That's getting close to 20 years ago, and the sound of those .357's (cuz you need that hand cannon when you're deer hunting "It's coming right at us....") is still very vivid in my mind.

It's scary out there.
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Old 11-22-2005, 11:54 AM
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So Bill, I don't believe I heard how you did hunting this year.
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Old 11-22-2005, 01:22 PM
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im totally with you bill.everyone that goes in the woods in fall should wear orange.in my pictures of me and my little buck taken this year,i had no orange on and it was just for the pics,then i put it right back on.and would probably never do that again.plus it may have set a bad example
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Old 11-22-2005, 02:32 PM
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I frequently have chances to remind non-hunters that there IS a hunting season open, and to be sure to wear bright colors, and make a little bit of noise, so they don't startle hunters, while remaining quiet enough to no drive off the game, either (which is actually illegal - interfering with a hunt is an offense that the gamies & forest rangers WILL tiket you for).

Even I may not wear ORANGE, when I'm out during the hunting season (and not hunting), but I'll have red or some other very obvious color on. And the bear-bell is loud enough to say "I'm here", without alarming anybody.
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Old 11-23-2005, 09:48 AM
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Quote:
Originally Posted by wesintl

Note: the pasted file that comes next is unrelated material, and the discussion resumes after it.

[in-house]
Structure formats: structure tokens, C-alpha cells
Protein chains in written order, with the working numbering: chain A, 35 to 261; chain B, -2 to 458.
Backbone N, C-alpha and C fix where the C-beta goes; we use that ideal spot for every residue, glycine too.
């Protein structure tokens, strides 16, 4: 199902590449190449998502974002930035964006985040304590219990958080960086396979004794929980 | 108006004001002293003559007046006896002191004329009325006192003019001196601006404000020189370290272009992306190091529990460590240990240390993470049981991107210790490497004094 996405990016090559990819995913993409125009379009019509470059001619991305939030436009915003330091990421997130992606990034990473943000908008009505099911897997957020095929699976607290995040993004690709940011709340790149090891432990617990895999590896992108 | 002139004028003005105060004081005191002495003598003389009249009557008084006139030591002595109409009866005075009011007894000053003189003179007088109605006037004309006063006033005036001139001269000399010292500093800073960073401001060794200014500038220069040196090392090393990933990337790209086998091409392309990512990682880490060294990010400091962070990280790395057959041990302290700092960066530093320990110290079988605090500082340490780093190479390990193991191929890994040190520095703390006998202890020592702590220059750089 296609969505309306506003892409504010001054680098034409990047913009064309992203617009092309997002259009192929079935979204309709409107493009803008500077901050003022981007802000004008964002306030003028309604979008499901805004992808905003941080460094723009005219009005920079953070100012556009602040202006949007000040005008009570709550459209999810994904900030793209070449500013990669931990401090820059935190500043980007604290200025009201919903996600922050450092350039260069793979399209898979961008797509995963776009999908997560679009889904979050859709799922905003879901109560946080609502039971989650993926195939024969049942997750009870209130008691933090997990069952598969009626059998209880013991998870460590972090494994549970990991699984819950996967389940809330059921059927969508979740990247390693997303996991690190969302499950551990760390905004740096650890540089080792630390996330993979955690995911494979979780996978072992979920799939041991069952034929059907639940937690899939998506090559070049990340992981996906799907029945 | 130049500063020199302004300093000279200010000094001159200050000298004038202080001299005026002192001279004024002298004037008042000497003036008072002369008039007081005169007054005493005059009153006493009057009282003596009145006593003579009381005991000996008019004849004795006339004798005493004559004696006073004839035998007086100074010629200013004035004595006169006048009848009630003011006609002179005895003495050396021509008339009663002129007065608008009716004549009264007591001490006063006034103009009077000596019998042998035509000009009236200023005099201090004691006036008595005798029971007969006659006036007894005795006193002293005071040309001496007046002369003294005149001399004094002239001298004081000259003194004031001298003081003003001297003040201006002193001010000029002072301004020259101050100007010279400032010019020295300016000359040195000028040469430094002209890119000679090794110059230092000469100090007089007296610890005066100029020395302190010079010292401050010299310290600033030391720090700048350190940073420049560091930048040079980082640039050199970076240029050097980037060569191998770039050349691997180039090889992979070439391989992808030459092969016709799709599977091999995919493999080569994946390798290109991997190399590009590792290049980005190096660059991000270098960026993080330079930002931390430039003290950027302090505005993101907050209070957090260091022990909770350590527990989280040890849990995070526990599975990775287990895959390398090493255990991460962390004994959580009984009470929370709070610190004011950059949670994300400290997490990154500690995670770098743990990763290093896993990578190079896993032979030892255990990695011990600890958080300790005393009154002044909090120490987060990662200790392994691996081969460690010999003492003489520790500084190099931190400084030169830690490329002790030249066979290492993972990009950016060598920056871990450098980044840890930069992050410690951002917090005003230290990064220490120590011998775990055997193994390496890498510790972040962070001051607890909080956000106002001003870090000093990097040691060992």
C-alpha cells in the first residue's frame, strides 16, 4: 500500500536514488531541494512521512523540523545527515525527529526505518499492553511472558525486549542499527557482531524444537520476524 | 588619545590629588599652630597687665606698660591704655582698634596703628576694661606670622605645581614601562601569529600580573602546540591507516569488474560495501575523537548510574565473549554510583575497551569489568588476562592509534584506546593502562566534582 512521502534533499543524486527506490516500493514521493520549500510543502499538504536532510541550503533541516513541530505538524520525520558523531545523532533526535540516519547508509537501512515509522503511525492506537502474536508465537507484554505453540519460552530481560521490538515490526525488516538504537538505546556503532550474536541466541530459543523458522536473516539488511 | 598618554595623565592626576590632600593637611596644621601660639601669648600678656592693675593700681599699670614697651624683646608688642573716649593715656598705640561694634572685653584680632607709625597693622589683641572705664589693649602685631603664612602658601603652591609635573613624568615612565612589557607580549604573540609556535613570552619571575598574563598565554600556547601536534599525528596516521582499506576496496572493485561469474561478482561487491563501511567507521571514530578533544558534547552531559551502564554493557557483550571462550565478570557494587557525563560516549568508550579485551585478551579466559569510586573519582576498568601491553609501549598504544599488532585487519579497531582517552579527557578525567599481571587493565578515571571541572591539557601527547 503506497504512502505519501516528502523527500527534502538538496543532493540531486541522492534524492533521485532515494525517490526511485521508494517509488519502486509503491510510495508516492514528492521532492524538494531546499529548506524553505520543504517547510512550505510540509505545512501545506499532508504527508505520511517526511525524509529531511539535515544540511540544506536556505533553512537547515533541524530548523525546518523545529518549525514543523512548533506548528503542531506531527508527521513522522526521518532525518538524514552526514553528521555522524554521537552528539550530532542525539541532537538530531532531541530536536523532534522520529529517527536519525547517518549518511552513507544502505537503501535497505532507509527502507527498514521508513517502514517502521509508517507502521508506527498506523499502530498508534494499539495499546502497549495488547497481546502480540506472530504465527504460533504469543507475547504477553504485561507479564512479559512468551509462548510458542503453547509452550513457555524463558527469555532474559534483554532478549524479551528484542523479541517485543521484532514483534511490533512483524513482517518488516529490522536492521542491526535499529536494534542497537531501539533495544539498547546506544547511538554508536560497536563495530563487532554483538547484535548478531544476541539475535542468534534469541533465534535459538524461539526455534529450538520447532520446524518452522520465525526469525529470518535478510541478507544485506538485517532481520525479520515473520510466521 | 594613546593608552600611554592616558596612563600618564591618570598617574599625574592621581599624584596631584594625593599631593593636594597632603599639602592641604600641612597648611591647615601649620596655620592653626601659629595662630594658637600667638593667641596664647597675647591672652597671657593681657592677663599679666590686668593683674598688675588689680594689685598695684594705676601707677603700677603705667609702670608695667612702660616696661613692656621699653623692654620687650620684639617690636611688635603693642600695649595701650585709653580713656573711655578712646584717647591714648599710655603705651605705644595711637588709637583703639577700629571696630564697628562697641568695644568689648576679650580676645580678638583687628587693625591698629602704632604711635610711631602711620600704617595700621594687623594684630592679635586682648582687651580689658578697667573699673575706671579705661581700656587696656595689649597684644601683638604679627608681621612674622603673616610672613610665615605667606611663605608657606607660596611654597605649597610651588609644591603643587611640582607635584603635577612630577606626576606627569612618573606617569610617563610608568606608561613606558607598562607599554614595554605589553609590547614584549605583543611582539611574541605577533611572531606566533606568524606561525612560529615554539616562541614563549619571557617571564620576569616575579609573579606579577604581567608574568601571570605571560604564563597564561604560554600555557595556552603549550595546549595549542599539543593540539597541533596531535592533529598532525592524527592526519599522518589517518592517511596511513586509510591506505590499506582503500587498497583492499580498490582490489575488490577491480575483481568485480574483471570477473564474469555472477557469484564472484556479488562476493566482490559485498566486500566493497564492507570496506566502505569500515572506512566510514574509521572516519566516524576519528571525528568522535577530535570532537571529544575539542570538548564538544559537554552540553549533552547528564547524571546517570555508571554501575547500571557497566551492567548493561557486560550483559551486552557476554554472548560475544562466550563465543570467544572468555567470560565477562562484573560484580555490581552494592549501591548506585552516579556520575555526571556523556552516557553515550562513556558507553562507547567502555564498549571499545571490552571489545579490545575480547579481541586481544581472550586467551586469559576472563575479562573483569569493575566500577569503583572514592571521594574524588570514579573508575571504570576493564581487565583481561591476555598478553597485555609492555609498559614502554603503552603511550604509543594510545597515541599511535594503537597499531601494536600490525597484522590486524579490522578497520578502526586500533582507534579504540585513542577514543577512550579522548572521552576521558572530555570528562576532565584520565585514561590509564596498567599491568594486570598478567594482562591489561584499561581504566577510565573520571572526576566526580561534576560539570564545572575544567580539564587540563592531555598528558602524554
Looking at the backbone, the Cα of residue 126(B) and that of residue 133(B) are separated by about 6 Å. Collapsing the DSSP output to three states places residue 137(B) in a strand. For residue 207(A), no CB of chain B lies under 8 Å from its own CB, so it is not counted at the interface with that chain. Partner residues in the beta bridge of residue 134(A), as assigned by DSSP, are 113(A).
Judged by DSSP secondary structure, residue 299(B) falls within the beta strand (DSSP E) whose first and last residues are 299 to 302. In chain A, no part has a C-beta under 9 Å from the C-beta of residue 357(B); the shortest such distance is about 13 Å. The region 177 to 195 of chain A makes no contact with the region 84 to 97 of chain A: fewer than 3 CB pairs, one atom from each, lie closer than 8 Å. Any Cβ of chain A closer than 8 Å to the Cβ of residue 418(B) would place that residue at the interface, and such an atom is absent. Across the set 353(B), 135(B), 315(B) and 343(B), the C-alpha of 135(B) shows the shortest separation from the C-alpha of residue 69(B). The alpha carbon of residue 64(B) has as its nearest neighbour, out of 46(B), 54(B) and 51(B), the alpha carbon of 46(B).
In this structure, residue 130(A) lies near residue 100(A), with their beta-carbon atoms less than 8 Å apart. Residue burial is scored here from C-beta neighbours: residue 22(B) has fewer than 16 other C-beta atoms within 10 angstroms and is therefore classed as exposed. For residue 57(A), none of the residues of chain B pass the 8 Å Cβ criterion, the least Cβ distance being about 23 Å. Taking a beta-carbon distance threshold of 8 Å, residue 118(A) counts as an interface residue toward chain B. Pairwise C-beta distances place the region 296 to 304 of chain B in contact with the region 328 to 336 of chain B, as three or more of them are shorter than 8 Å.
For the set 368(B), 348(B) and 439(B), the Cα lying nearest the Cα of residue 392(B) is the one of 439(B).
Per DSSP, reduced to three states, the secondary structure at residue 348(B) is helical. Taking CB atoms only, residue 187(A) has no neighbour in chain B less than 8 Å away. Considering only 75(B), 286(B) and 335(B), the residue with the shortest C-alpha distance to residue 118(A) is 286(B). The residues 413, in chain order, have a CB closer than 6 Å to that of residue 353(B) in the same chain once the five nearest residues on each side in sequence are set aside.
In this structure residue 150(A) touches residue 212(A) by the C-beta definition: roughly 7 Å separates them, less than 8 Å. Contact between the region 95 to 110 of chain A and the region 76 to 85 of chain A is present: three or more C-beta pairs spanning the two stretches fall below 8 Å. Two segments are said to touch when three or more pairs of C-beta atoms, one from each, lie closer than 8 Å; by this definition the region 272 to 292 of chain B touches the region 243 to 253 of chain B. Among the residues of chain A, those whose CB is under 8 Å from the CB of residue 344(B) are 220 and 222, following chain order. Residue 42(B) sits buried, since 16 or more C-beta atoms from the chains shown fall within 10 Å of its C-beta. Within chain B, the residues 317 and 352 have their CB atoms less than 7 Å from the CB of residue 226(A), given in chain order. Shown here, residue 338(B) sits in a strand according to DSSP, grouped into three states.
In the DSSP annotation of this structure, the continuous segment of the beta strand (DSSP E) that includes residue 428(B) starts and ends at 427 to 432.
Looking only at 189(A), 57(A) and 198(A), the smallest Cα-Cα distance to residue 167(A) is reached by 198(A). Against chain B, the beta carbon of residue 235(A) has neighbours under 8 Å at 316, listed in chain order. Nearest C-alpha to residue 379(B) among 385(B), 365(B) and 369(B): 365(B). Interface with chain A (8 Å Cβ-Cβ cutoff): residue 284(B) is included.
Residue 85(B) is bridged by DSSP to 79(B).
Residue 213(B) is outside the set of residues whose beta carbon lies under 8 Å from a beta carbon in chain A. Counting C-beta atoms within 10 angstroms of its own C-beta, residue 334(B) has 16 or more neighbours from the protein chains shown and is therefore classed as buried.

... I think it's fine to be on a well established hiking trail without orange during hunting season but to walk around aimlessly picking up rocks or whatever is irresponsible to not know your surroundings.

...

I also hope they told you to never to shoulder your rifle or scope your target without knowing 100% what your looking at. If you are unsure of your target that's what binoculars are for..
It's a common line of reasoning among those who do not hunt big game in close timber. One that is reasonable, will not get you killed most likely, and one with which I could not disagree more. Even when on established trails or roads, wear orange this time of year.

Guess where I was, when the hunter above saw me in his scope?

From a hunter's perspective, I agree with your cautions. 100% sure of the target, and the backdrop? Absolutely, in target practice and in the classroom. From a target's perspective, I have other thoughts. In the field, just how sure are you that the hunter you've never met is 100% sure that behind the dark, thick timber you are not - if you have no orange, especially? Is 100% really achievable in less-than-ideal conditions in the field? Especially when he's got elk fever? If you've ever gone big game hunting you get a pretty good idea just how easily tragedy can happen to responsible people. Don't bet your life on his 100%.